Candy Ride, of course, stayed well enough to set a track record over a mile and a quarter in the GI Pacific Classic, a race which later fell to Shared Belief. However, his admirable son Gun Runner seemed to run out of stamina in the final stages when third to Nyquist in this year’s Derby.
Mastery is the second graded winner to emerge from the six foals of racing age sired by Candy Ride from daughters of Old Trieste. His predecessor is the smart turf performer Chocolate Ride, who has gained three of his four graded successes over a mile and an eighth and the other over 1 1/16 miles.
Old Trieste himself challenged for the 1998 Kentucky Derby, on the strength of an impressively fast 10-length victory in a Santa Anita allowance. Although Old Trieste stumbled and pitched on his nose at the start, the son of A.P. Indy was in no mood to hang around and he proceeded to set fractions of :45.75 and 1:10.62. Still third behind Real Quiet and Indian Charlie after a mile, he faded into 10th place.
Old Trieste’s subsequent career confirmed that his natural inclination was to run as fast as he could for as long as he could. His Derby failure was followed by four consecutive front-running victories. He took the GIII Affirmed H. by 4 1/2 lengths, the GII Swaps S. by 12 lengths and the GII Del Mar Breeders’ Cup H. by five. Even a break of nearly nine months didn’t end the sequence and Old Trieste was especially impressive in taking the GII California S. by seven lengths in 1:46.55.
The long absence before the California S. was caused largely by a deep-seated hoof abscess. Sadly, Old Trieste failed to build on this outstanding effort and three defeats followed. He suffered from a quarter crack prior to his final start, in the Breeders’ Cup Classic, and finished a tired eighth. Old Trieste died young, leaving fewer than 200 named foals. However, his daughters have produced three other Grade I winners in the fillies: Belle Gallantey, Killer Graces (Hollywood Starlet S.) and Room Service. Encouragingly, both Belle Gallantey and Room Service were Grade I winners over a mile and a quarter, although neither was sired by a noted stayer.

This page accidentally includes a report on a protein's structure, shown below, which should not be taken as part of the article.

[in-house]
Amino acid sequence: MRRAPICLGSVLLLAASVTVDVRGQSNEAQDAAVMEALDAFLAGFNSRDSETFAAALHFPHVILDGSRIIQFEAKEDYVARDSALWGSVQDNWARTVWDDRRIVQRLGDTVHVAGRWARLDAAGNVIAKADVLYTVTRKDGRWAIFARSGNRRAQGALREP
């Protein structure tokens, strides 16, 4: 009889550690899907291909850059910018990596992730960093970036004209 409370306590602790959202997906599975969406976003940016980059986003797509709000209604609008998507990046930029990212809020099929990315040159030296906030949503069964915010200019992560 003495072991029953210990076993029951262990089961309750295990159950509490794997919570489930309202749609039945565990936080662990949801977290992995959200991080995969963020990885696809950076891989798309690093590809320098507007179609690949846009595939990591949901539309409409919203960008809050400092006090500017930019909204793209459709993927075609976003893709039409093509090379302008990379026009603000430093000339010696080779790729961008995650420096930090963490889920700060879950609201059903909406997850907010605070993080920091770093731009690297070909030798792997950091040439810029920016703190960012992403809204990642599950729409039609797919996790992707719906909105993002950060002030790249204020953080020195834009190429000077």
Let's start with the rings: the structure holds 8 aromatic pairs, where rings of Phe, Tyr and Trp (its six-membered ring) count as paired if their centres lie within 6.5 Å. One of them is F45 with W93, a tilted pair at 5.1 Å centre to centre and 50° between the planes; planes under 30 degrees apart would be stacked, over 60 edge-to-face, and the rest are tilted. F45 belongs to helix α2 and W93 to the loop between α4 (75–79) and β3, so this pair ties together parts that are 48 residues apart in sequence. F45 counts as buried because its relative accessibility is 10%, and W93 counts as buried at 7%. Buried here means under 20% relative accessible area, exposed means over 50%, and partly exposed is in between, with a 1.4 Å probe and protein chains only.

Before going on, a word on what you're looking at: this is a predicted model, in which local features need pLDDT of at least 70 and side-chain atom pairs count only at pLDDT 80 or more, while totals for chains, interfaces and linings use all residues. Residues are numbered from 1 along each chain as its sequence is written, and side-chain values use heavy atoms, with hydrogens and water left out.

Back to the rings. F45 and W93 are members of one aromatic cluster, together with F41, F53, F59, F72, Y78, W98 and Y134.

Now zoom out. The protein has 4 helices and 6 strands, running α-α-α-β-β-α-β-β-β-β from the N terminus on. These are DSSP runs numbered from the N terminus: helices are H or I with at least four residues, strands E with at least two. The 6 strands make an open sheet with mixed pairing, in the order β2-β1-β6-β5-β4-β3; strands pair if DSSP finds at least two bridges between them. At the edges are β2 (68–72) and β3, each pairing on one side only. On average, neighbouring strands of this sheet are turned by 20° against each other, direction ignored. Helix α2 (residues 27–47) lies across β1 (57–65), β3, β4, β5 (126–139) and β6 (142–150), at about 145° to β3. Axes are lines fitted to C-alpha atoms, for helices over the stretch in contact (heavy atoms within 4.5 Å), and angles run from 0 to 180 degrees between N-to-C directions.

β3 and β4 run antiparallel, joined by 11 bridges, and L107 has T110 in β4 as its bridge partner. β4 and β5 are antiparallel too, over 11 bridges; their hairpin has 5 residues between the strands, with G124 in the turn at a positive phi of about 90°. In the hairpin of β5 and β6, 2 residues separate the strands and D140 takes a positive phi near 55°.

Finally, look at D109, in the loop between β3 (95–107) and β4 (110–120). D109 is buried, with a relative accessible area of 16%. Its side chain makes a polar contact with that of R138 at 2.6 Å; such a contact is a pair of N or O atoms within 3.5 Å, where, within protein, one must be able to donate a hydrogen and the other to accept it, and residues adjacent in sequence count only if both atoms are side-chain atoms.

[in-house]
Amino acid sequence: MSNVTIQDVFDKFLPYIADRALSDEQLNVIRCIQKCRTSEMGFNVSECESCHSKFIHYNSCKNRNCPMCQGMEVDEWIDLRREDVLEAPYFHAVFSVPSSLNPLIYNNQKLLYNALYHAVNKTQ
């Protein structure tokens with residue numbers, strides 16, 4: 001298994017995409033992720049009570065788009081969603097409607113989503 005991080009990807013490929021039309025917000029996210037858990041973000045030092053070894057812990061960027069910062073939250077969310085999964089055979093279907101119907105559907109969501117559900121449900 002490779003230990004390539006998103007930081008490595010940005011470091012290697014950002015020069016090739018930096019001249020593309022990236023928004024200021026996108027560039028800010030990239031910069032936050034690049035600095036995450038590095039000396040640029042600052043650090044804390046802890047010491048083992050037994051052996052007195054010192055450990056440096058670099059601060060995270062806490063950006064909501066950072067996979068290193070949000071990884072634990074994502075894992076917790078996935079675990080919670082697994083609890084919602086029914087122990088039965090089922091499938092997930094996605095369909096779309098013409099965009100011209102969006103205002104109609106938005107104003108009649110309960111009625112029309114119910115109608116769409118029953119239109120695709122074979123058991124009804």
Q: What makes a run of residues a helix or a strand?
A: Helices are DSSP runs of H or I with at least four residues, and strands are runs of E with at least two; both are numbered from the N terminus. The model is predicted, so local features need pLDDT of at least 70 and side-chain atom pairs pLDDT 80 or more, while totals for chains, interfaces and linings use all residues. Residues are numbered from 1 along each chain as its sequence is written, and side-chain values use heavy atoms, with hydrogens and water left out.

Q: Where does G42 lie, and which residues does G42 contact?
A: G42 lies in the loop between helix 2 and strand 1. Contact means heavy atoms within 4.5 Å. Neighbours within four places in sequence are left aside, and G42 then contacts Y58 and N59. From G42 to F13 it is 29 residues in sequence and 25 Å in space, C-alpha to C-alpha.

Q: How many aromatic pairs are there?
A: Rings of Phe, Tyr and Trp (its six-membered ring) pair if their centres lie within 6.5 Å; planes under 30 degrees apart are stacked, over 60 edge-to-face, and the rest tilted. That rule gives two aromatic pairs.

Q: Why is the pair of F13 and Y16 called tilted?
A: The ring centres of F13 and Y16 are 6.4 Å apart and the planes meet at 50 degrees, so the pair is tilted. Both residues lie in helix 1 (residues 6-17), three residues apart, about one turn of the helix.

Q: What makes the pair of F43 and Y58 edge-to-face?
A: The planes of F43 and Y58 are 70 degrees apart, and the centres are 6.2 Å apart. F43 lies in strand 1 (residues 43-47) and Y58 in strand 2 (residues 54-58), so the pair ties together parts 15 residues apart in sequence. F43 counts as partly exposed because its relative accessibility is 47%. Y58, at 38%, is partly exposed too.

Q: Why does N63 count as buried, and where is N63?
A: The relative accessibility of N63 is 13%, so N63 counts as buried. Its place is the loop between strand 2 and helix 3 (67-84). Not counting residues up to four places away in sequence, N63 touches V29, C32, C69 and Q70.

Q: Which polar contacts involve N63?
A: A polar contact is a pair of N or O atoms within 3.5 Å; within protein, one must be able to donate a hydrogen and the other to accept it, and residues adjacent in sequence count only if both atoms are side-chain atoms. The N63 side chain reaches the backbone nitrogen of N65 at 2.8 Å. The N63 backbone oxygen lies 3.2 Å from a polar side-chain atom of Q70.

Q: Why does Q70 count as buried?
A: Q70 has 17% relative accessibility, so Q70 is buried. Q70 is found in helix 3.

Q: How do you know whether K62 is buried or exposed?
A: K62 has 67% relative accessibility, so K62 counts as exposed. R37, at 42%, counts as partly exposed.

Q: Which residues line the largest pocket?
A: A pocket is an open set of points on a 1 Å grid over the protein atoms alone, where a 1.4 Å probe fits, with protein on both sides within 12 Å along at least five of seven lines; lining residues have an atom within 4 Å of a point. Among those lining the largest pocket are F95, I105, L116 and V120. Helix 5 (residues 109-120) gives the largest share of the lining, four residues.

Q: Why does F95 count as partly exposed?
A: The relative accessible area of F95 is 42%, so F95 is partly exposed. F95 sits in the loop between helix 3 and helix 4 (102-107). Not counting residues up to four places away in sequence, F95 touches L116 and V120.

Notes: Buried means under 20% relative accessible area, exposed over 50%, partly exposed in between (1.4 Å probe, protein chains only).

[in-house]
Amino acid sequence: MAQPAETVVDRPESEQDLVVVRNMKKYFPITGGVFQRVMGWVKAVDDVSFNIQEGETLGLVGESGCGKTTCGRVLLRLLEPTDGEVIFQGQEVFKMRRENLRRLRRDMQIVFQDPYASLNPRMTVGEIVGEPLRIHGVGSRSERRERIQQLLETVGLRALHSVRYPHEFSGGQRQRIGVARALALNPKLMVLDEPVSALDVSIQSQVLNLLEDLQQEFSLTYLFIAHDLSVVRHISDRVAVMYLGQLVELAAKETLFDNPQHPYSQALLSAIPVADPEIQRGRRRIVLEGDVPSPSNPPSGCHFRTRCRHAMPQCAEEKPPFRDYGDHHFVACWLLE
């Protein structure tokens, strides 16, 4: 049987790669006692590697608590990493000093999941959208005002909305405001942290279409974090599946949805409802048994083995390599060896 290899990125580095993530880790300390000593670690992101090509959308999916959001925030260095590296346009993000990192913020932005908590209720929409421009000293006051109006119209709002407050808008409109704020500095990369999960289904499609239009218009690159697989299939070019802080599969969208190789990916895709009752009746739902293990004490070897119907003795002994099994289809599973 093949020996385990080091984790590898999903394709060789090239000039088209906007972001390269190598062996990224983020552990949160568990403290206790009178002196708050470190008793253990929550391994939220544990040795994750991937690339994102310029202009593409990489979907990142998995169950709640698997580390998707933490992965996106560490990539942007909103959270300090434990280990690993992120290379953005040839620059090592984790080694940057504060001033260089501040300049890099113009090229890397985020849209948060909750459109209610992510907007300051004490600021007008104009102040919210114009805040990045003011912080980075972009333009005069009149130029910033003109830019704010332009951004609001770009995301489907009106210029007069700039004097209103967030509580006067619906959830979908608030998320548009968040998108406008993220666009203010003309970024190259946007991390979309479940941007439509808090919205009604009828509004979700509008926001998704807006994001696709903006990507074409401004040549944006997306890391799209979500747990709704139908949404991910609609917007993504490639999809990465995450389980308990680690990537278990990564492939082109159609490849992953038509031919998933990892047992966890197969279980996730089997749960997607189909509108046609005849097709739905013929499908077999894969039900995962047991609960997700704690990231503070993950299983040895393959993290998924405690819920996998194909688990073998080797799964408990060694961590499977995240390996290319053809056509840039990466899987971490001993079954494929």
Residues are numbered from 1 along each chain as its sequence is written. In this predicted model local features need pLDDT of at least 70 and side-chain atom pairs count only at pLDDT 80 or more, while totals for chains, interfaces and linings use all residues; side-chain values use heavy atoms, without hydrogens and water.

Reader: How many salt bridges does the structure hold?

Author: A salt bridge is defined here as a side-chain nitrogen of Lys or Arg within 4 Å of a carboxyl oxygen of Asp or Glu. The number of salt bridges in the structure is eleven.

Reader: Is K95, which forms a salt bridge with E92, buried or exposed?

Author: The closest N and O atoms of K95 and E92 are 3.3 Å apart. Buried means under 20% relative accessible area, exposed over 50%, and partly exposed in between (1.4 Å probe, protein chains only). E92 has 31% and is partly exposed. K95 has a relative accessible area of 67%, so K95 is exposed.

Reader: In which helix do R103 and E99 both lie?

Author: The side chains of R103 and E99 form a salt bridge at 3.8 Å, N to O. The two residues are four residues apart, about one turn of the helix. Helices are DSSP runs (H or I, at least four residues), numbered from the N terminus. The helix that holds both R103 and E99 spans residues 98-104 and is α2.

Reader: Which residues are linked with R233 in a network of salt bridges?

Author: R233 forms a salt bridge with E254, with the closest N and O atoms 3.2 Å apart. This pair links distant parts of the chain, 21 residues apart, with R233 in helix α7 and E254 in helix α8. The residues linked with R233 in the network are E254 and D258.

Mastery’s dam Steady Course did win a dirt route during a brief second season. Her main claim to fame, prior to Mastery’s emergence, was that she shares the same dam, Storm Cat’s very useful daughter Steady Cat, as Jump Start. With A.P. Indy as his sire, Jump Start represented the same cross as the GI Met Mile winner Honor Code. Jump Start didn’t last long enough to become a Grade I winner, but he showed unusual speed and precocity for a son of A.P. Indy.
Despite always being a big, imposing type, Jump Start was quick enough to win a maiden over 5 1/2 furlongs at Churchill Downs in June and the GII Saratoga Special over an extra furlong in August. Trainer D. Wayne Lukas speculated after the Saratoga Special that the Overbrook homebred “could take us to the Promised Land.” Such dreams took a knock when he could finish only fifth in the GI Hopeful S. and second in the GI Champagne S., and Jump Start then suffered a career-ending injury in the GI Breeders’ Cup Juvenile.
Mastery’s third dam, Hopespringsforever, was sired by Mr Prospector from Hopespringseternal, which made her a sister to Miswaki. Although he was a Group 1 winner over seven furlongs as a 2-year-old in France, it was mainly as a sprinter that Miswaki plied his trade after his return to his homeland. He proved less one-dimensional as a stallion, famously siring Urban Sea, the G1 Prix de l’Arc de Triomphe winner who became the dam of Galileo and Sea The Stars.